Natural Character of Bamboo Flooring

By Steve Cooper

bamboo 2Visiting a friend the other night, I was impressed with his new kitchen floor. This look of the place is sleek and modern, and the floor was a perfect match.

“It’s bamboo,” my friend said. Although I had seen this product in stores and at trade shows, I’d not seen it used in a real-world installation.

“Impressive,” I said. “The effect is similar to Scandinavian style. But it’s a little different. Somehow even more serene, if that’s possible.”

There’s something about the thin strands that give the floor its pleasing, natural character. It’s a little more showy than a soothing maple, which shows very little graining. Coming from Asia, my friend’s floor called to mind a truism that might have come from Asia: Gathering many strands gives strength to the weak.

bamboo 1Bamboo grows as strands because it is a grass, not a wood. This also allows frequent harvest. While it takes decades to grow hardwood trees that can only be harvested once, bamboo can be harvested every three years without need for replanting. The roots are still in the ground, so the plant just grows again.

Most of all, though, it is appealing in a contemporary setting. It looks smart and is a smart buy.

For more information on flooring visit the World Floor Covering Association’s Consumer Carpet & Flooring Guide.

Getting Transition Molding Right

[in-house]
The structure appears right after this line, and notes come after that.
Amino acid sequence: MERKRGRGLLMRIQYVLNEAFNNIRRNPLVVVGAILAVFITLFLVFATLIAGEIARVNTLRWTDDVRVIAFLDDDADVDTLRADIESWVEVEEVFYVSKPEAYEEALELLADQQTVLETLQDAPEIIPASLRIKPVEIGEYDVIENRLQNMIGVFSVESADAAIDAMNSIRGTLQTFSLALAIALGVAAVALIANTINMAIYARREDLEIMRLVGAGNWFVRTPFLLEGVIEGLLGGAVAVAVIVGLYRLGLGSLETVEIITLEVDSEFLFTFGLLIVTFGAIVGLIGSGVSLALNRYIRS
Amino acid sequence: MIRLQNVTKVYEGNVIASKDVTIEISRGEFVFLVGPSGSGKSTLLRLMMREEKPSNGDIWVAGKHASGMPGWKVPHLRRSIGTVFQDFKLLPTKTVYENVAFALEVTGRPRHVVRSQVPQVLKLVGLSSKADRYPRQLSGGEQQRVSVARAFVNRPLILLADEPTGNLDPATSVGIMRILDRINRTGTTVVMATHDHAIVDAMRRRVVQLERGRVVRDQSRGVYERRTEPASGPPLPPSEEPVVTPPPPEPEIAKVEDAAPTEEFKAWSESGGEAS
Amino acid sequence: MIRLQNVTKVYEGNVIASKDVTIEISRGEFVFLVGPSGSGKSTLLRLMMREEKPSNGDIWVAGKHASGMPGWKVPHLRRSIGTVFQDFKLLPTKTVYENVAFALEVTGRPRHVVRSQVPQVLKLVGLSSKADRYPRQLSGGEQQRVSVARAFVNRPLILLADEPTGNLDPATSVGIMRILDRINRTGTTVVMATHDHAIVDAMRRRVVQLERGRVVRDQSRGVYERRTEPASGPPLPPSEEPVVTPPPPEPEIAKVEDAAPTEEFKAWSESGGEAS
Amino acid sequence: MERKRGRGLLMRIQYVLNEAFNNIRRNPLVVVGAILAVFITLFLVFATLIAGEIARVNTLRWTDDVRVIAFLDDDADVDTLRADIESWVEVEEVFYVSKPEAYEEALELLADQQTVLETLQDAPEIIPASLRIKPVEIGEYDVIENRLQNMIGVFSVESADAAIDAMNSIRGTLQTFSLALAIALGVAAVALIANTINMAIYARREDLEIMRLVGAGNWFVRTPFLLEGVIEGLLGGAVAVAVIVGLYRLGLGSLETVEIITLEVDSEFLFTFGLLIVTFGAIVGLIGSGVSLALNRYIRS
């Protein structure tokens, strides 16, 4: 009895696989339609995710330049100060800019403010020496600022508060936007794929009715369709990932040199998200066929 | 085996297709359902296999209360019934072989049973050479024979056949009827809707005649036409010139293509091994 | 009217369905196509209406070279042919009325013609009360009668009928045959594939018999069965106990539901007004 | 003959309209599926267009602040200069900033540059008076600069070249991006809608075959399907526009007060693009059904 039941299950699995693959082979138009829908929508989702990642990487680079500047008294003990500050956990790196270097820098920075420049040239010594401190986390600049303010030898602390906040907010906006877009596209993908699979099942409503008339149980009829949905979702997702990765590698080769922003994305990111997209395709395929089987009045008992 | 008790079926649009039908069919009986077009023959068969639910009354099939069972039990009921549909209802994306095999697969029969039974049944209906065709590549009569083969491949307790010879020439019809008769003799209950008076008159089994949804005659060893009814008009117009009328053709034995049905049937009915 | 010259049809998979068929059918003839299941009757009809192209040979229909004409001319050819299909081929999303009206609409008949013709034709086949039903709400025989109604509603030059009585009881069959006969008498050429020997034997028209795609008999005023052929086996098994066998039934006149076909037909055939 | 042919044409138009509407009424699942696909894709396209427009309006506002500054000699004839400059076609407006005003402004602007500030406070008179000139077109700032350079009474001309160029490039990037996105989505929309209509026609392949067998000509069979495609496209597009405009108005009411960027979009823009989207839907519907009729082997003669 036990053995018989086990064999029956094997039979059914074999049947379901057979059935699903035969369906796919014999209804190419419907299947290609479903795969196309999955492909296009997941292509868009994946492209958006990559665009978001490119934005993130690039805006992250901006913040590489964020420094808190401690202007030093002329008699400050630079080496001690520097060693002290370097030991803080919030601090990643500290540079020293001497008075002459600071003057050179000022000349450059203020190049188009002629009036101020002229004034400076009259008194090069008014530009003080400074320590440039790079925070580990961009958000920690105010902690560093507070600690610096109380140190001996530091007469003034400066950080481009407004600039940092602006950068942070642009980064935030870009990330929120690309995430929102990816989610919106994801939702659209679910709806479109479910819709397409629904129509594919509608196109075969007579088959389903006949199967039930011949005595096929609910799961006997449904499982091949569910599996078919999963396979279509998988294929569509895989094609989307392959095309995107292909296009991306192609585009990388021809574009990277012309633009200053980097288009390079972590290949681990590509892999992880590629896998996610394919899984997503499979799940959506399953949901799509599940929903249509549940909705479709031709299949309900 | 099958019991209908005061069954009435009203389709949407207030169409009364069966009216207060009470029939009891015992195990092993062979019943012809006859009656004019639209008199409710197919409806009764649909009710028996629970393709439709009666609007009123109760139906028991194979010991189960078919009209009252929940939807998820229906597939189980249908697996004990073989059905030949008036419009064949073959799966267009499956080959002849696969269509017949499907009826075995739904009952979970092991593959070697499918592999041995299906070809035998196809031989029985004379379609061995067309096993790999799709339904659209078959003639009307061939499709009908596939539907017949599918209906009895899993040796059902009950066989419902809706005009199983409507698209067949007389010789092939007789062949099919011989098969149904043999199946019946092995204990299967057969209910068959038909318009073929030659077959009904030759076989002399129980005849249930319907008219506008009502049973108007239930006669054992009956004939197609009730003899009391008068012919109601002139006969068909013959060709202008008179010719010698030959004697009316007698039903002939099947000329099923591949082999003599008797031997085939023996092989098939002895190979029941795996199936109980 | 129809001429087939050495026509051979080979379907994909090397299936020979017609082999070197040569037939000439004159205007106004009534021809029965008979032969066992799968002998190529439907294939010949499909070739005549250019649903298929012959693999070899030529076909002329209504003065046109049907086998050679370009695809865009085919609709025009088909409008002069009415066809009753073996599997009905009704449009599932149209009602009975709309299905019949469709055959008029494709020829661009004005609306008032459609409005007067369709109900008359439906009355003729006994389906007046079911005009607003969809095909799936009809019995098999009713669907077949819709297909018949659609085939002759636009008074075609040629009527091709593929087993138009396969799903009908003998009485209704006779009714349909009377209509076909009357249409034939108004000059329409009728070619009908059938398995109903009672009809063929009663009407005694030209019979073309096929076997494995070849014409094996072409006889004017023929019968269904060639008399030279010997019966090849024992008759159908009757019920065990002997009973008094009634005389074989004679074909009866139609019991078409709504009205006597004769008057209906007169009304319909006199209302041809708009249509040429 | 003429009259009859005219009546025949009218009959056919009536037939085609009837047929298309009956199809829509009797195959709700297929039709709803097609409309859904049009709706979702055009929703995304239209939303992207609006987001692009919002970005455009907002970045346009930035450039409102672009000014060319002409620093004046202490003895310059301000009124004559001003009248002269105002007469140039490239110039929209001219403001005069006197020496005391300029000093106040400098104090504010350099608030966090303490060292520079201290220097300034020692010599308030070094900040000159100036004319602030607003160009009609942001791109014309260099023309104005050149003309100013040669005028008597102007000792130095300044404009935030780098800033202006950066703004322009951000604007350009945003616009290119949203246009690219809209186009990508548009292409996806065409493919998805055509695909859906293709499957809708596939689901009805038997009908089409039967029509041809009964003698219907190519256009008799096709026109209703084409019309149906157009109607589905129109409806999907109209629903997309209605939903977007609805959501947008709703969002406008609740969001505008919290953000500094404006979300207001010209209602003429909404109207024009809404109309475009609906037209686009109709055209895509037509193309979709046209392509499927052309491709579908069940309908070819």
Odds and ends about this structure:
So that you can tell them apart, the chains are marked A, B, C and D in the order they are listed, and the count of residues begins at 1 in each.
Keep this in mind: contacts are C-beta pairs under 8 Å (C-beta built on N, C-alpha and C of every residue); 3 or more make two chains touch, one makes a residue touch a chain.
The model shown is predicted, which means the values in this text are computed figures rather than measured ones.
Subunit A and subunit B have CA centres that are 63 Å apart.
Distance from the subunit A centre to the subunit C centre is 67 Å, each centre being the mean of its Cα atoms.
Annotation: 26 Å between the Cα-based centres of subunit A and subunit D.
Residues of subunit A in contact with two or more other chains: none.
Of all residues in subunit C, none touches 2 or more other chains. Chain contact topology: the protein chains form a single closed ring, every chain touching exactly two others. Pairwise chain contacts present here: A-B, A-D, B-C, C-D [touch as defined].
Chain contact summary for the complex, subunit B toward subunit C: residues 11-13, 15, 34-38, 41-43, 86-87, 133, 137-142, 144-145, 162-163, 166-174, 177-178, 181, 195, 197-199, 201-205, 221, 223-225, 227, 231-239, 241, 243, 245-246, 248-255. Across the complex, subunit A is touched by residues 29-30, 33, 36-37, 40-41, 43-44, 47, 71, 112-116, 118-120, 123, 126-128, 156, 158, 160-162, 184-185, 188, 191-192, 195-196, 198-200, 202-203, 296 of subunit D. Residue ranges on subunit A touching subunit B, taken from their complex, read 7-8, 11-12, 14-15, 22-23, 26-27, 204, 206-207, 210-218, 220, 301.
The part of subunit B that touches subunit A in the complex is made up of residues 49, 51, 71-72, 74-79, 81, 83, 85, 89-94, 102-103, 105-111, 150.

Submitted by Steve Cooper

Molding for transition from one flooring material to another appears inconsequential. It hardly seems worth a blog post. That is, until you walk barefoot over a threshold that has been poorly designed. How does a bad transition make you yelp or squirm? Let’s count the ways.

transition wood_carpet1. Too narrow

2. Too high

3. A too-sharp edge

4. Splinters

5. Nails

You’ll know what’s wrong the minute you step on it. Your foot may glide across the transition but get creased by a sharp back edge. A nailhead may snag your stocking. Or the width will be so narrow that it’s slightly painful if the molding is stepped on squarely.

transition moldingWood-molding remedies are easy as long as the design gets attention prior to installation. Don’t let one be made so tall that you can stub your toe on it. Instead, have it built at least 3 inches wide, tapering down at each side. A 6- to 8-inch-wide transition may seem excessive, but it provides comfort. All nails should be set and the holes filled. For screws, countersink holes to eliminate a potential hazard.

If you are using metal or any other material for the thresholds, check for comfort before installtion by testing it with bare feet. Make sure no screw heads will be sticking up.

Let your installer know that you are concerned about comfort at transition points. This often goes unmentioned and, since molding is the last item during installation, it does not always get the attention it needs.

For more information on flooring visit the World Floor Covering Association’s Consumer Carpet & Flooring Guide.